However, in chapter 7, during the confrontation, Daisy quickly rethinks her decisions and states, ‘I did love him once – but I loved you too’. As Gatsby hopes and expectations of them being together breaks the audience starts to comprehend that Daisy contradicting statements is purely because she is afraid to leave Tom. Tom came from a wealthy family and was highly respected in society. Daisy knew that life with him would be luxiourous and entirely satisfactory in terms of respect and wealth. In addition, the author is trying to convey to the audience that Daisy is too secure in her marriage with Tom to even consider leaving it.
In F. Scott Fitzgerald’s novel, The Great Gatsby, main character Jay Gatsby is blinded by the fantasy of transforming himself into a famous figure of wealth and social status and, as a result, winning over his love, Daisy. When Gatsby fails to reach these goals, his fantasy world comes crumbling down. Therefore, Gatsby is essentially an idealist who is destroyed by his inability to accept reality. Gatsby’s
The circumstances surrounding Gatsby and Daisy 's relationship kept them eternally apart. For Daisy to have been with Gatsby would have been forbidden, due to the fact that she was married. That very concept of their love being forbidden, also made it all the more intense, for the idea of having a prohibited love, like William Shakespeare 's Romeo and Juliet, made it all the more desirable. Gatsby was remembering back five years to when Daisy was not married and they were together: His heart began to beat faster as Daisy 's white face came up to his own. He knew that when he kissed this girl, and forever wed his unutterable visions to her perishable breath, his
Miracles cannot be counted on to occur more than once. The boy and girl had their chance, but believing that if their love was meant to be they would know each other when they next saw each other, they let it pass them by. One never knows what can happen even within a minute that could change his or her life. In the case of the “100% perfect” couple, all memory of each other was lost and because they did not take hold of their fate, they missed out on true love. The narrator’s tale begins with an optimistic “once upon a time,” but ends with “a sad story, don’t you think” (3).
However, Johnny Taylor and the world outside Logan offers freedom, happiness, and adventure. The message to the reader is that Janie is doing what others want to make them happy instead of doing what is best for her. Janie goes through with the marriage and soon becomes confused and unhappy. She expresses her confusion to nanny as she states, “‘cause you told me ah mus gointer love him, and, and ah don 't. Maybe if somebody was to tell me how, ah could do it’” (23).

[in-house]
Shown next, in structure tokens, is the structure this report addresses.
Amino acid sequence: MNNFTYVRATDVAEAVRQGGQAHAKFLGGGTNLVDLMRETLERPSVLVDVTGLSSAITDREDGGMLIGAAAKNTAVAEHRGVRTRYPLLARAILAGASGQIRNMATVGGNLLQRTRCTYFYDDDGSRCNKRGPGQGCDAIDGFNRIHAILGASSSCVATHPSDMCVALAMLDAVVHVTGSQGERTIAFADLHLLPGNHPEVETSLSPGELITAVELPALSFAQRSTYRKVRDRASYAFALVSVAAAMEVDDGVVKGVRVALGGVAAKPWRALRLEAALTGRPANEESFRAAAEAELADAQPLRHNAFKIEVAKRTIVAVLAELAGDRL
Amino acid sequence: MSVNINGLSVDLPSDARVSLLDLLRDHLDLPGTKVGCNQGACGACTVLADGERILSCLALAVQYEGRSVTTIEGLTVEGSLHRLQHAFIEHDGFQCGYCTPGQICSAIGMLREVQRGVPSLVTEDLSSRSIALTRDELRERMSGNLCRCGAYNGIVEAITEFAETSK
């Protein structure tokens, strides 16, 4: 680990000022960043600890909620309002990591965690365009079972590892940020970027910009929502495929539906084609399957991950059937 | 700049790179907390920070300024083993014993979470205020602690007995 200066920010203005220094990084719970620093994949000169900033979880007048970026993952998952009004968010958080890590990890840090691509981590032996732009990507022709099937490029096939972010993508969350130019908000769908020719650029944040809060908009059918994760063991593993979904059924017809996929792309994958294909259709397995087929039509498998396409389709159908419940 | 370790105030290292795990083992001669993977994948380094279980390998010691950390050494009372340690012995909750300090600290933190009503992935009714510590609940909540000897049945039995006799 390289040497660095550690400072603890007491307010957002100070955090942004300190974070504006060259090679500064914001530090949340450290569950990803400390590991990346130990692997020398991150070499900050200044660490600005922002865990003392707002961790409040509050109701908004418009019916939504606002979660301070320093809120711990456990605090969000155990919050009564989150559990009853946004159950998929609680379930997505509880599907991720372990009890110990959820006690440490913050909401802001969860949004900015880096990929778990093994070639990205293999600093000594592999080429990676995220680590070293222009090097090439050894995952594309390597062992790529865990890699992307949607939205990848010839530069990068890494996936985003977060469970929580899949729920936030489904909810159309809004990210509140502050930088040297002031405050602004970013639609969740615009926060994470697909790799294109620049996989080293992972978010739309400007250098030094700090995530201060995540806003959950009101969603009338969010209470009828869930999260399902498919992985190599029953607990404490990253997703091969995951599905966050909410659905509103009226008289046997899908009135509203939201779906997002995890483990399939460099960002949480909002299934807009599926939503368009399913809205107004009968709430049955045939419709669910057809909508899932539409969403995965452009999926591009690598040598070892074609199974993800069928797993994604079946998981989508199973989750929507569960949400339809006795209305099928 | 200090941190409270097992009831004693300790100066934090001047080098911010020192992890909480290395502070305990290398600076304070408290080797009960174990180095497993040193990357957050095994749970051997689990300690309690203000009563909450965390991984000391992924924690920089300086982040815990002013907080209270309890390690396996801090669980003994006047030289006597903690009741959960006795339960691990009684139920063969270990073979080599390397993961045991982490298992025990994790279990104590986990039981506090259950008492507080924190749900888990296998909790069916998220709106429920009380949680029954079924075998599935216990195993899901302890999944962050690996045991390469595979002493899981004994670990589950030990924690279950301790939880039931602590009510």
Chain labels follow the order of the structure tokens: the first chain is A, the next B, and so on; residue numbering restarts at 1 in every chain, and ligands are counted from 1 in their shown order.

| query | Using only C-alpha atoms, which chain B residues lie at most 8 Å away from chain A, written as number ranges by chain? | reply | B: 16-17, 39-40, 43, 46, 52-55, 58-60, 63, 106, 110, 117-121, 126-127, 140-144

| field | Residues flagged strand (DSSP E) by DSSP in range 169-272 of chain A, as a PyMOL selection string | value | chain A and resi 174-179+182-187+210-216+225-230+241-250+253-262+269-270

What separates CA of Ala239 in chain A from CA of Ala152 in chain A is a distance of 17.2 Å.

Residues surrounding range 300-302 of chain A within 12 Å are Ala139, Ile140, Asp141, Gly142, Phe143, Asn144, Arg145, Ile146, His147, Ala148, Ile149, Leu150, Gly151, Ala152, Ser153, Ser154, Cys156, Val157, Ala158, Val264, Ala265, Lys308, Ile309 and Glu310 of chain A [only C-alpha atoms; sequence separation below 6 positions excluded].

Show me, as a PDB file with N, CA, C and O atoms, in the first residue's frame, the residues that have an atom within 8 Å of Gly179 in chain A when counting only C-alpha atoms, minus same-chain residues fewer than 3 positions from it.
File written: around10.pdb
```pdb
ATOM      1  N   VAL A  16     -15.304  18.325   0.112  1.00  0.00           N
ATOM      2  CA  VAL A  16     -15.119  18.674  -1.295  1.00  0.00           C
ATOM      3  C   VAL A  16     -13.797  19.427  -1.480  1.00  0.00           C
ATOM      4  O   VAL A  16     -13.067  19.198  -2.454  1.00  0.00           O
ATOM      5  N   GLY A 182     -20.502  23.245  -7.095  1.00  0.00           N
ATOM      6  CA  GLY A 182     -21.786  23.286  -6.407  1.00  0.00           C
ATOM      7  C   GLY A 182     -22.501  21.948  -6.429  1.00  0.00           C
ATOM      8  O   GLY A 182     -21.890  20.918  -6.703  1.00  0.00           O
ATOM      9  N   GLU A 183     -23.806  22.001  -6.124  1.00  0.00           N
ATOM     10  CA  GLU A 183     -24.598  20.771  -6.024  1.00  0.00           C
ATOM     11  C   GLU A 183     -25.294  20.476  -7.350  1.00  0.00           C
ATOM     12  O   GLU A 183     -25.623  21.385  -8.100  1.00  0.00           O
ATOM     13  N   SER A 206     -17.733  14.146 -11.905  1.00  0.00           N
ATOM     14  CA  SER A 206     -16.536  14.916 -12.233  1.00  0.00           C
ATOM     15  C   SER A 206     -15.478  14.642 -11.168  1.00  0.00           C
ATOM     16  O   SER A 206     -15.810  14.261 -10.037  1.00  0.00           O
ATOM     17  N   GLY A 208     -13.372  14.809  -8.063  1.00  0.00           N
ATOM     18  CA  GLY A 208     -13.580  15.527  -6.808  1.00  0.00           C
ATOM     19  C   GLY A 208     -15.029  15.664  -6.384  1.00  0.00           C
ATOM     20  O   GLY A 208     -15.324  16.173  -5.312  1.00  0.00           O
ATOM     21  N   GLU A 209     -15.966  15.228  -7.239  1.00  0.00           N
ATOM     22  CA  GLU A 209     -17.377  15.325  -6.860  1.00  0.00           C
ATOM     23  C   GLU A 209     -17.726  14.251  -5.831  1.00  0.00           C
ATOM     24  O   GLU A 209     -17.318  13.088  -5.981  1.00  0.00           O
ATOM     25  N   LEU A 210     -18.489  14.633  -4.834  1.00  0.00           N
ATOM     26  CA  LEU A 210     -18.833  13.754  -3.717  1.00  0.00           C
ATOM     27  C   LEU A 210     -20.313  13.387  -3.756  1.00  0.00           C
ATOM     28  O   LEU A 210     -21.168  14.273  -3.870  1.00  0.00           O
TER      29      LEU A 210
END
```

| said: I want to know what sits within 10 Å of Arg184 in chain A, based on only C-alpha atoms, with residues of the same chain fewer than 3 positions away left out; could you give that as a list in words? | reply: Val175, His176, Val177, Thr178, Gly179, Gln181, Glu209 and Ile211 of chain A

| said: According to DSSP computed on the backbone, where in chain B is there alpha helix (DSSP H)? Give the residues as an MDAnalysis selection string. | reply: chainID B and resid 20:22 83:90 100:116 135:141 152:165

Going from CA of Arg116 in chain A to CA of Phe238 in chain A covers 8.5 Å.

Everybody has to go through life, through ups and downs and everything. While going through life routines and shortcuts start to develop and the lines between illusion and reality become blurred. But, when a new struggle comes up, which can't be easily crossed then you might create a fake reality. Whether you yearn for the past and are remembering it to be better than it actually was or a whole different reality is what stays in the mind of many characters in the novel by F. Scott Fitzgerald, The Great Gatsby. One of the most blatant illusion examples that is seen as reality in The Great Gatsby involves the main character actually; Mr. Gatsby himself.
This drive for the oh so lofty goal is critiqued by Nick in this quote, “ There must have been moments even that afternoon when Daisy tumbled short of his dreams not through her own fault, but because of the colossal vitality of his illusion. It had gone beyond her, beyond everything. He had thrown himself into it with a creative passion, adding to it all the time, decking it out with every bright feather that drifted his way.” (Pg 95-96 Fitzgerald) Fitzgerald makes use of the rhetorical device allusion in this quote quite unnoticeably . The use of Fitzgerald’s allusion is seen in the latter portion of the quote mentioning feathers decking out Gatsby's “creation” which is a subtle reference to that of male peacocks. Where the aforementioned flightless bird grow elaborate and decorative feather pieces in order to attract a mate which starkly mirrors the behavior of Gatsby who attempts to gain Daisy's affection back buy showing off his newfound glamorous wealth.
He was not able to battle that reality that he was unsatisfied with life, along these lines he always rationalized to legitimize his activities. At the point when admitting to his wife, Rose, that he was engaging in extramarital relations with another lady and had gotten her pregnant, he said, "You can't locate a superior lady than Rose. In any case, appears like this lady simply adhered onto me where I can't shake her free. Presently she's stuck on for good" (pg. 63).
It played an important part in Sayoko 's life because it might be the reason why her husband left her. It also played an important role in Sayoko 's marriage life, because of it she had knew her husband very well, she had knew what his real character. Yasunari 's story "The mole" is in the form of a letter where there is no audience which shows how Sayoko was afraid to express her inner feelings. She just said what she had felt but she did not intent to tell it directly to the person whom she want to tell about it. Sayoko was really that weak to voice out her feelings.